{Note: If your browser does not distinguish between "a,b" and " α, β " (the Greek letters "alpha, beta") then I am afraid you will not be able to make much sense of the equations on this page.}
Coordinates
in the first equatorial system (HA and declination)
still depend
on the time of observation.
Now we change the zero-point
for our coordinates.
We choose a fixed point on the celestial
equator,
called the vernal equinox, or the First Point
of Aries.
The symbol for this is the astrological symbol for
Aries:
(The
function of this point will become clearer later on.)
The declination
(δ) of object X is measured in the same way as before.
The
Right
Ascension or RA (α) of object X
is the angle along the celestial equator measured eastwards
from
the vernal equinox to the meridian of X.
Like HA, RA is measured
in hours 0-24h, but it goes in the opposite direction.
Comparison of these celestial coordinate systems with the terrestrial system:
terrestrial |
alt-az |
HA-dec. |
RA-dec. |
equator |
horizon |
celestial equator |
celestial equator |
North Pole |
zenith |
North Celestial Pole |
North Celestial Pole |
South Pole |
nadir |
South Celestial Pole |
South Celestial Pole |
latitude |
altitude |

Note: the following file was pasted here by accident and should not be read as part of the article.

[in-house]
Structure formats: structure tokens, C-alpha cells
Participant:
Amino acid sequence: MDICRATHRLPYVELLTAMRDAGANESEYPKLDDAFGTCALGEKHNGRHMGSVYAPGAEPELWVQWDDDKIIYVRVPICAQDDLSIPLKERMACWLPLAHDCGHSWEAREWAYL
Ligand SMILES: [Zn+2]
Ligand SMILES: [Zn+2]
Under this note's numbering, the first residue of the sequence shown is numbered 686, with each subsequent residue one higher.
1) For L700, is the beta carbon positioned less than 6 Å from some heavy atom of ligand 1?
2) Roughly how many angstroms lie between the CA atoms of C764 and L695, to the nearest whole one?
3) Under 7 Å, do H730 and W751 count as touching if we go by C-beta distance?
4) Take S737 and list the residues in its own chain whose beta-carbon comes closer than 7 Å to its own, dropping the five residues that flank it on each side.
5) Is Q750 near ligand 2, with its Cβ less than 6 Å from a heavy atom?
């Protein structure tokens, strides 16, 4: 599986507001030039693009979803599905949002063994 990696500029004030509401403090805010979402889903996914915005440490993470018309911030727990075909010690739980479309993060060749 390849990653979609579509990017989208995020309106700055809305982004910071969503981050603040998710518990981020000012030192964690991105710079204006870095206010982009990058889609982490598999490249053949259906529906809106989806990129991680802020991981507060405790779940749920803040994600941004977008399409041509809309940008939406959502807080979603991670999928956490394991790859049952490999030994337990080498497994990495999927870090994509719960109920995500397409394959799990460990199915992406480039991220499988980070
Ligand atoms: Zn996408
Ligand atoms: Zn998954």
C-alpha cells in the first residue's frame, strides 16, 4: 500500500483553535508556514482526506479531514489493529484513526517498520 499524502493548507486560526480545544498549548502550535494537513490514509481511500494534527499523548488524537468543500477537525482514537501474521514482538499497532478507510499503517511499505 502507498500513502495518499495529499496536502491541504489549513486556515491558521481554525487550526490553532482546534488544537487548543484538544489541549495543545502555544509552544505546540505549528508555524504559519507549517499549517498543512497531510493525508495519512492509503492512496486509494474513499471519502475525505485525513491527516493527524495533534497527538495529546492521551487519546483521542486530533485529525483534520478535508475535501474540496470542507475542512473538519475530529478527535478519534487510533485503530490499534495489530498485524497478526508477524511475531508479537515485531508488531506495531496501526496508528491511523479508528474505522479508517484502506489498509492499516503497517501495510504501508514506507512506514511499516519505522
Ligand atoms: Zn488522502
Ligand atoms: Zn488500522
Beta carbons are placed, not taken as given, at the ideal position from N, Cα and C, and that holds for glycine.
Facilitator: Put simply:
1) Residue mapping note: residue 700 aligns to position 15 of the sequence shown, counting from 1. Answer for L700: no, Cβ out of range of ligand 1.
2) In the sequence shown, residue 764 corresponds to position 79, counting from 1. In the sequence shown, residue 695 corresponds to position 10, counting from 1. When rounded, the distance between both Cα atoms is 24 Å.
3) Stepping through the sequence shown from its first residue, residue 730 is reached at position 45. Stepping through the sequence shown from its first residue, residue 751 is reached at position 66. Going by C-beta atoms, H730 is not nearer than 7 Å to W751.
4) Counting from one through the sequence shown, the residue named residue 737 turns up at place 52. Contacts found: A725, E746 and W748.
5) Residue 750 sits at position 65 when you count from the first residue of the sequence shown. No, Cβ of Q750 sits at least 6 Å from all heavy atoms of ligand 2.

declination |
declination |
co-latitude |
zenith distance |
North Polar Distance |
North Polar Distance |
parallel of latitude |
parallel of altitude |
parallel of declination |
parallel of declination |
meridian of longitude |
vertical circle |
meridian |
meridian |
Greenwich Meridian |
Principal Vertical |
celestial meridian |
vernal equinox |
longitude |
azimuth |
Hour Angle |
Right Ascension |
Exercise:
The
four stars at the corners of the “Great Square of Pegasus”
are:
star |
R.A. |
declination |
α And |
00h 08m |
+29°05' |
β Peg |
23h 04m |
+28° 05' |
α Peg |
23h 05m |
+15° 12' |
γ Peg |
00h 13m |
+15° 11' |
Calculate the lengths of the two diagonals of the “Square”.
Click here
for the answer.
The Right Ascension and declination of a star
do
not normally change over short periods of time;
but the Hour
Angle changes constantly with time.
Consequently we have to find
a way of defining the time.
Previous section: Coordinate
systems: the first equatorial or "HA-dec" system
Next section: Sidereal time
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